Movie Review – Win It All
Category : Movie Review
Director: Joe Swanberg
I like Joe Swanberg’s shit, I really do, but when this movie was announced, I wondered if he was running out of steam. Drinking Buddies, Happy Christmas, Digging for Fire, Easy (TV series); all a little worse than the one before, and I was worried that Win It All would just continue the trend. I’ve been noticing that Netflix is developing a “type”, and this movie fits right into that emerging mold, the nutty crime/comedy, but its ceiling projected to be incredibly low, its story predictable, its heart missing, and I was fairly certain that I wouldn’t care for it. Turns out, Swanberg is back with a vengeance, and Jake Johnson is here to prove that he’s still an indie force to be reckoned with.
Eddie is addicted to gambling. He’s a nice guy, a good friend, but god is he irresponsible. He works parking cars for the Cubs to make enough money to blow in speakeasy-style casino dens, but can’t buy food at his local bodega, since he never actually wins any money. Basically, Eddie is the last person you’d trust with your dough, but that’s exactly what’s about to happen, with disastrous results. A crook friend of his is about to “go away for a while”, so he gives Eddie a bag to watch for 6-9 months. The bag contains a boat-load of cash, which Eddie then gambles away. He’s a dead man who just hasn’t dropped yet, and yet he still has time to pick up a girlfriend, get a job, and take an unlikely liking to responsibilities, creating a conundrum that won’t be easy to solve.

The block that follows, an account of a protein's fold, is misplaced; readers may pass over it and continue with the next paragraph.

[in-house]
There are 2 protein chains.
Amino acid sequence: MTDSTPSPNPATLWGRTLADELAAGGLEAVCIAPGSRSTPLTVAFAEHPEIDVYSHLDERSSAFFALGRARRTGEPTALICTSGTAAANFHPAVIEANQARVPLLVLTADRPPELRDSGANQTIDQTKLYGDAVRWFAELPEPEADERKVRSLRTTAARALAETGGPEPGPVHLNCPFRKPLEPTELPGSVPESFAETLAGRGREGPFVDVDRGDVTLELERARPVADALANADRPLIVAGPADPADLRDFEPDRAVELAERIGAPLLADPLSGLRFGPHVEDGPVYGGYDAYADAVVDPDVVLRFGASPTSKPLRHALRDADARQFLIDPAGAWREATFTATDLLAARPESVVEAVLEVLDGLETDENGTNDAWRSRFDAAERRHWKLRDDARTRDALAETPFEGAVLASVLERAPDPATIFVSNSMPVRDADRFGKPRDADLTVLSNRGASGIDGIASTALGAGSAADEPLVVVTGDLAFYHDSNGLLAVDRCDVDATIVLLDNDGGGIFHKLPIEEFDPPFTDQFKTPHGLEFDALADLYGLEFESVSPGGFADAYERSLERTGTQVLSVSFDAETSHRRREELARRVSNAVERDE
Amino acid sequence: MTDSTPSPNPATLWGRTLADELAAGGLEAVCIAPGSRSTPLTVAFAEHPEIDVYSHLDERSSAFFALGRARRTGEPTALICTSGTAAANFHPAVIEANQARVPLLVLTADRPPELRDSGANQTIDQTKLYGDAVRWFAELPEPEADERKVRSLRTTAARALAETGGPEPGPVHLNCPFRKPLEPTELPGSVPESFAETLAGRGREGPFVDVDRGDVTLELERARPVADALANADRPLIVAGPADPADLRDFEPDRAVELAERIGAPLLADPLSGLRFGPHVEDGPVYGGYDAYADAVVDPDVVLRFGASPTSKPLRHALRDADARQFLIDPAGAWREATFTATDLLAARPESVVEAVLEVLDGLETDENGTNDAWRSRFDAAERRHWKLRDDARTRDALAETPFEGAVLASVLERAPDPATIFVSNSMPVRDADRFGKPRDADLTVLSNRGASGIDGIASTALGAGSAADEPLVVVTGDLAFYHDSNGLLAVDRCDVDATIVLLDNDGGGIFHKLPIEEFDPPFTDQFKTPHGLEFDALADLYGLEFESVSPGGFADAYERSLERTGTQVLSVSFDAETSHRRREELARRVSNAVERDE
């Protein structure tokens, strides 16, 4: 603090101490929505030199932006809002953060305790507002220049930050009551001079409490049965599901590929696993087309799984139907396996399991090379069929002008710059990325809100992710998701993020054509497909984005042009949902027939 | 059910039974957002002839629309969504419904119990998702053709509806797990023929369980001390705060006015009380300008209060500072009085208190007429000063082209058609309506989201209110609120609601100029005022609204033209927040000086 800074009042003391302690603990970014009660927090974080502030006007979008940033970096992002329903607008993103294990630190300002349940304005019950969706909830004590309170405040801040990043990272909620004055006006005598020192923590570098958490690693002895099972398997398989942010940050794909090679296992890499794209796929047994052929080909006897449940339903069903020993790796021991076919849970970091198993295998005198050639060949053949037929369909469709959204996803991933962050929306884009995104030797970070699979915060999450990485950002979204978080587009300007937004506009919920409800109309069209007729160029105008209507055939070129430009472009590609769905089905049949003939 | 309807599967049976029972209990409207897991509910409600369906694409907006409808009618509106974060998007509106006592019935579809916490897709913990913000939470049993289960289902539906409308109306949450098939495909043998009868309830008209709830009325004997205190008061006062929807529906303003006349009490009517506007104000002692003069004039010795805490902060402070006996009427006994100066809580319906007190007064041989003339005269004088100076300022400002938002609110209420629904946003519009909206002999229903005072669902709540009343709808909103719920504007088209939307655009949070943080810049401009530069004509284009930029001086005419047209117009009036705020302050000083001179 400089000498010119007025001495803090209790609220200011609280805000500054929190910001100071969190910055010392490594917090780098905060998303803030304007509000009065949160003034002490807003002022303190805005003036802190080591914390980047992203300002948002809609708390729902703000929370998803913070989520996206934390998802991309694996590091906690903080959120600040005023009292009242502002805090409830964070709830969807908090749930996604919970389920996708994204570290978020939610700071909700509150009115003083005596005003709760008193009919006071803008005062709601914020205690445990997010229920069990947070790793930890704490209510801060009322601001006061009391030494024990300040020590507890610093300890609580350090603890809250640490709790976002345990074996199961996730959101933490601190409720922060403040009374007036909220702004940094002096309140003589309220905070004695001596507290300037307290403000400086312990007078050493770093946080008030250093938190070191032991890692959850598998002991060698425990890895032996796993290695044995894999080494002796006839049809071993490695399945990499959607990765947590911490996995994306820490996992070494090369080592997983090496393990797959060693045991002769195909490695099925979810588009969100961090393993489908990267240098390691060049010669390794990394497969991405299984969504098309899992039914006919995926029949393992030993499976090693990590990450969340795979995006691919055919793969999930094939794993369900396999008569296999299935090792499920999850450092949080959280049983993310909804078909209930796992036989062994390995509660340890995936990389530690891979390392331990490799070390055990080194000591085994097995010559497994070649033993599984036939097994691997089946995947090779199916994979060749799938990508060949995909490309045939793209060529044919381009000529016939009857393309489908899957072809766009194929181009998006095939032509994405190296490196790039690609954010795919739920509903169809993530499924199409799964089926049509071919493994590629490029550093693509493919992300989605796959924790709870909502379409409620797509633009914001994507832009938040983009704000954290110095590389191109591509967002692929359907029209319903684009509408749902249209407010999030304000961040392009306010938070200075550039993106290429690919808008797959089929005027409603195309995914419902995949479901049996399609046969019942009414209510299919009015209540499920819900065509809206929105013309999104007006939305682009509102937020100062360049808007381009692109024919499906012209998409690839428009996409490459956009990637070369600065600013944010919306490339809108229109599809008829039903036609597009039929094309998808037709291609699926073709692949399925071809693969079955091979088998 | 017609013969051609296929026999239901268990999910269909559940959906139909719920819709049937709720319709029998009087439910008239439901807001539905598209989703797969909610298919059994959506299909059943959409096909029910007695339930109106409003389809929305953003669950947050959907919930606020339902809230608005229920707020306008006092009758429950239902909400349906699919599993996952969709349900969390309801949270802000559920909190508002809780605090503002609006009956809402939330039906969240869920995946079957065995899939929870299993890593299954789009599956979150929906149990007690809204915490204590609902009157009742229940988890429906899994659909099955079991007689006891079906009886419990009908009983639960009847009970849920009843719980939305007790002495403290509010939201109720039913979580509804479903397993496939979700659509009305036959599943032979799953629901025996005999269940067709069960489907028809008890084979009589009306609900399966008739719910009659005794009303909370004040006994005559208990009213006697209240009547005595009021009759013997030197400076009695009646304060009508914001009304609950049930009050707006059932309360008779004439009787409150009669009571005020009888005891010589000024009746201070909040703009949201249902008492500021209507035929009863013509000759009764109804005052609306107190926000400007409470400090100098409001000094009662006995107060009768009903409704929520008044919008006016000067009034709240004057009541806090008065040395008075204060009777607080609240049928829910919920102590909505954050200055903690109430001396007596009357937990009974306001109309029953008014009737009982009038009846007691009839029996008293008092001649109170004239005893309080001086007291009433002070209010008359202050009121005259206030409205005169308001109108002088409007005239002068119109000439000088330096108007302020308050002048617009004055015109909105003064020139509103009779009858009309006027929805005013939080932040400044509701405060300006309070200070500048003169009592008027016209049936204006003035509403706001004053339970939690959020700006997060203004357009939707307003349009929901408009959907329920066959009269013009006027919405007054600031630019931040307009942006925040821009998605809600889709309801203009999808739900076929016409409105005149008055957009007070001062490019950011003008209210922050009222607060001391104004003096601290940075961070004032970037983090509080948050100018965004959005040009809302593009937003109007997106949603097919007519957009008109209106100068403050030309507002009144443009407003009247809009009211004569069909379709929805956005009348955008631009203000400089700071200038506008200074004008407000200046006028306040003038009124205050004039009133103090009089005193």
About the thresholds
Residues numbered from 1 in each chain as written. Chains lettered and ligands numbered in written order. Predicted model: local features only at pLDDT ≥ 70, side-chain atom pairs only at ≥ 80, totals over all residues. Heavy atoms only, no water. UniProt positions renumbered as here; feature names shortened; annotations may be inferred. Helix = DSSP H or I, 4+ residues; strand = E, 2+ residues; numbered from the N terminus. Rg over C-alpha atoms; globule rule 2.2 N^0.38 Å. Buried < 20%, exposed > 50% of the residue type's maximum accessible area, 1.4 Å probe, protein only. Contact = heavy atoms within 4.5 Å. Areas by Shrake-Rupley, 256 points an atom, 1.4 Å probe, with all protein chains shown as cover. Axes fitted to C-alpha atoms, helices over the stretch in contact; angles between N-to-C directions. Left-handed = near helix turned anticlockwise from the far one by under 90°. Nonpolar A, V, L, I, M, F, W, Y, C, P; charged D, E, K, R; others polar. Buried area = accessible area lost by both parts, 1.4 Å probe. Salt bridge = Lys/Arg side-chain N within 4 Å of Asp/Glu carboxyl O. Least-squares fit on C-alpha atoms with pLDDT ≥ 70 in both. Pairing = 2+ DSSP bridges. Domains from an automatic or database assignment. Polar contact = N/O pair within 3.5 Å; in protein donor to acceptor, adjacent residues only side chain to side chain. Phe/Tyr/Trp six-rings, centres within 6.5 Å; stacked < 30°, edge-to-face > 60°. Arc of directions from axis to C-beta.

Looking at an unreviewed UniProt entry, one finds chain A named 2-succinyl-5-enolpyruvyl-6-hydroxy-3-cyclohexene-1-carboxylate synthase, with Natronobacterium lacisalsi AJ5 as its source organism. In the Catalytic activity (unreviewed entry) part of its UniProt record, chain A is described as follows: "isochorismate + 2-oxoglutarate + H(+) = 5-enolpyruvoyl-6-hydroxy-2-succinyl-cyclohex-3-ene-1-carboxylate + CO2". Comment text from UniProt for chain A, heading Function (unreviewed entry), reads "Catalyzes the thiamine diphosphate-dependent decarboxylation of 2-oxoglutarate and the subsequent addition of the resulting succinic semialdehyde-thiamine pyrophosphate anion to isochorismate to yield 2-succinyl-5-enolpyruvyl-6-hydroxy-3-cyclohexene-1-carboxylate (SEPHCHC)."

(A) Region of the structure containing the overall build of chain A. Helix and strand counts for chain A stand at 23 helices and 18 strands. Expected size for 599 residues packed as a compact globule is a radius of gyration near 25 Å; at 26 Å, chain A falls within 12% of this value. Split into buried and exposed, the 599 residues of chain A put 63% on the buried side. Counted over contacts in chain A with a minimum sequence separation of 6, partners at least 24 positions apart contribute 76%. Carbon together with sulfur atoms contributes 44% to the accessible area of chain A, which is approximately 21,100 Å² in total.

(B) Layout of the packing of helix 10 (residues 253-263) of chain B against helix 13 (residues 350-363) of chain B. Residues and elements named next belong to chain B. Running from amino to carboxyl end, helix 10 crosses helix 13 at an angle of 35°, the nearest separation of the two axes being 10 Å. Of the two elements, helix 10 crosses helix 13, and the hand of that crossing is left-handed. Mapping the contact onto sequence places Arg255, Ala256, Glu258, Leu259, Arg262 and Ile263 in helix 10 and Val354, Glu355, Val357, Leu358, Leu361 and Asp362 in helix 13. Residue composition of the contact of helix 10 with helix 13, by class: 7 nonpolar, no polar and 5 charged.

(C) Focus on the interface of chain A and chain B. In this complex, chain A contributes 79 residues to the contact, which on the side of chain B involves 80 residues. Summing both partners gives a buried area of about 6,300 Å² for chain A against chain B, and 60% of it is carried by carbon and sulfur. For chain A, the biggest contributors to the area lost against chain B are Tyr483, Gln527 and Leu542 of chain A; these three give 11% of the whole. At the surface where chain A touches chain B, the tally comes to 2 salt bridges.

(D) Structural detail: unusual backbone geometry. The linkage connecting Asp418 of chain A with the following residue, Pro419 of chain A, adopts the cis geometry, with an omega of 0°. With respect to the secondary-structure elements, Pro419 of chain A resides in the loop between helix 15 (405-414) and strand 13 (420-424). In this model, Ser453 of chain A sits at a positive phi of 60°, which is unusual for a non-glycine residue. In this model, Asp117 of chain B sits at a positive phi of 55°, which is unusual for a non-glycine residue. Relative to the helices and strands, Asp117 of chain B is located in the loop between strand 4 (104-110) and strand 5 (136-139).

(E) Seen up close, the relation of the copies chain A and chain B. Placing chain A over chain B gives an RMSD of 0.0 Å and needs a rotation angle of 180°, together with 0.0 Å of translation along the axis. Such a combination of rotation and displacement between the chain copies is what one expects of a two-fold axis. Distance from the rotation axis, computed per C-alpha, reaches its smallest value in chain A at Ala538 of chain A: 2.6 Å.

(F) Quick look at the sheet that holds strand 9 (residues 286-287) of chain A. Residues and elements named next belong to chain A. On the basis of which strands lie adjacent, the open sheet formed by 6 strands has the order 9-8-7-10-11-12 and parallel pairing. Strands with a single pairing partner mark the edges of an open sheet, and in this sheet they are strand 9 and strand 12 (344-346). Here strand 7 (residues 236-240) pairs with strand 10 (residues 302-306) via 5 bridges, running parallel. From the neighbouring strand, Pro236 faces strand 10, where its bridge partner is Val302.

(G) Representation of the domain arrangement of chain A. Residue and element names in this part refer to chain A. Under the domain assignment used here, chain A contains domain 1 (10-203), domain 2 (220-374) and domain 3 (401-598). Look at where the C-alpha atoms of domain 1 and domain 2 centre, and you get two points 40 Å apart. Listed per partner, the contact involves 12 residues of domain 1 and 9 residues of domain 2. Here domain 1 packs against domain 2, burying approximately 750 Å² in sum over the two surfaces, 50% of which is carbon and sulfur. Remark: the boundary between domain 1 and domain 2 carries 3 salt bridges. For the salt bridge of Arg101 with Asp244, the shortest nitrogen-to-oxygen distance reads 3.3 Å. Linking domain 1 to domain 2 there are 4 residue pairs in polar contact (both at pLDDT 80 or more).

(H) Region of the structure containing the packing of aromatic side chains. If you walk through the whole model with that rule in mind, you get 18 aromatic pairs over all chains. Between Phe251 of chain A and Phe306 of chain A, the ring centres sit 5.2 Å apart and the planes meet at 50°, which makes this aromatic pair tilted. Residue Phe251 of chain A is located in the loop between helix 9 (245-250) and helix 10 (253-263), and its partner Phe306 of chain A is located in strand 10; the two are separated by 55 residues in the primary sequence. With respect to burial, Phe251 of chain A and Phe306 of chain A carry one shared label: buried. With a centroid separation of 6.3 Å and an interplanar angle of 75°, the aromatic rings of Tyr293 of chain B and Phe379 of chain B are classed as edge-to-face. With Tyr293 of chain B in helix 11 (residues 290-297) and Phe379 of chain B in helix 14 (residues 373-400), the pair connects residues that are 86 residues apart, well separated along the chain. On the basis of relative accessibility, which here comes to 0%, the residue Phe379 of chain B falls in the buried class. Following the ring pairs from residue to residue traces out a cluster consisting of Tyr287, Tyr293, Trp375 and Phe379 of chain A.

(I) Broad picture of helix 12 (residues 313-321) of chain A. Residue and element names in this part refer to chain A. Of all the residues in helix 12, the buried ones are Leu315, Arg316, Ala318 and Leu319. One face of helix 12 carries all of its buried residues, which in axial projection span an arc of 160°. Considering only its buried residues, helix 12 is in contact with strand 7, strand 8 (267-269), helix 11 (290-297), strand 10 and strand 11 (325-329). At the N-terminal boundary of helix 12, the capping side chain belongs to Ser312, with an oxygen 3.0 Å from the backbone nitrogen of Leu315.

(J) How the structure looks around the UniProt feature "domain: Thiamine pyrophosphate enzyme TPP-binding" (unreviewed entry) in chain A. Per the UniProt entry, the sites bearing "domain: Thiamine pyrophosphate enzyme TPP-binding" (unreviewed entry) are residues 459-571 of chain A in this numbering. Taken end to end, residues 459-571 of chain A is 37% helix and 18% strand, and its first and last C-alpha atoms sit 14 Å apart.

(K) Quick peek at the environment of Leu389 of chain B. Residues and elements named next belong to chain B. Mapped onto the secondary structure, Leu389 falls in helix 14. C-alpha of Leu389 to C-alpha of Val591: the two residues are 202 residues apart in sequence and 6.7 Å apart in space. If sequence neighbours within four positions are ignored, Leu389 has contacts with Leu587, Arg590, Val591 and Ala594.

Swanberg gets it right this time after a couple disappointing outings, his patented style lending itself to this plot in a way that was refreshing to watch. If you don’t know much about the Chicago-area director, he deals in improv, letting his actors work through the story’s problems organically. It’s pretty cool, I love watching professionals pick their way through these characters, and I’m not sure anyone does it better than Jake Johnson. He is the movie, his idiosyncrasies making it work, and his loveable persona drawing you in. Key is surprisingly good as well, though the other side characters weren’t really important, and some of them weren’t actually very good. Johnson will win you over, which is the point, and it’s nice to see Swanberg hit his stride again, so definitely check out this Netflix original, one of the best they’ve produced to date.
My rating: ☆ ☆ ☆ ☆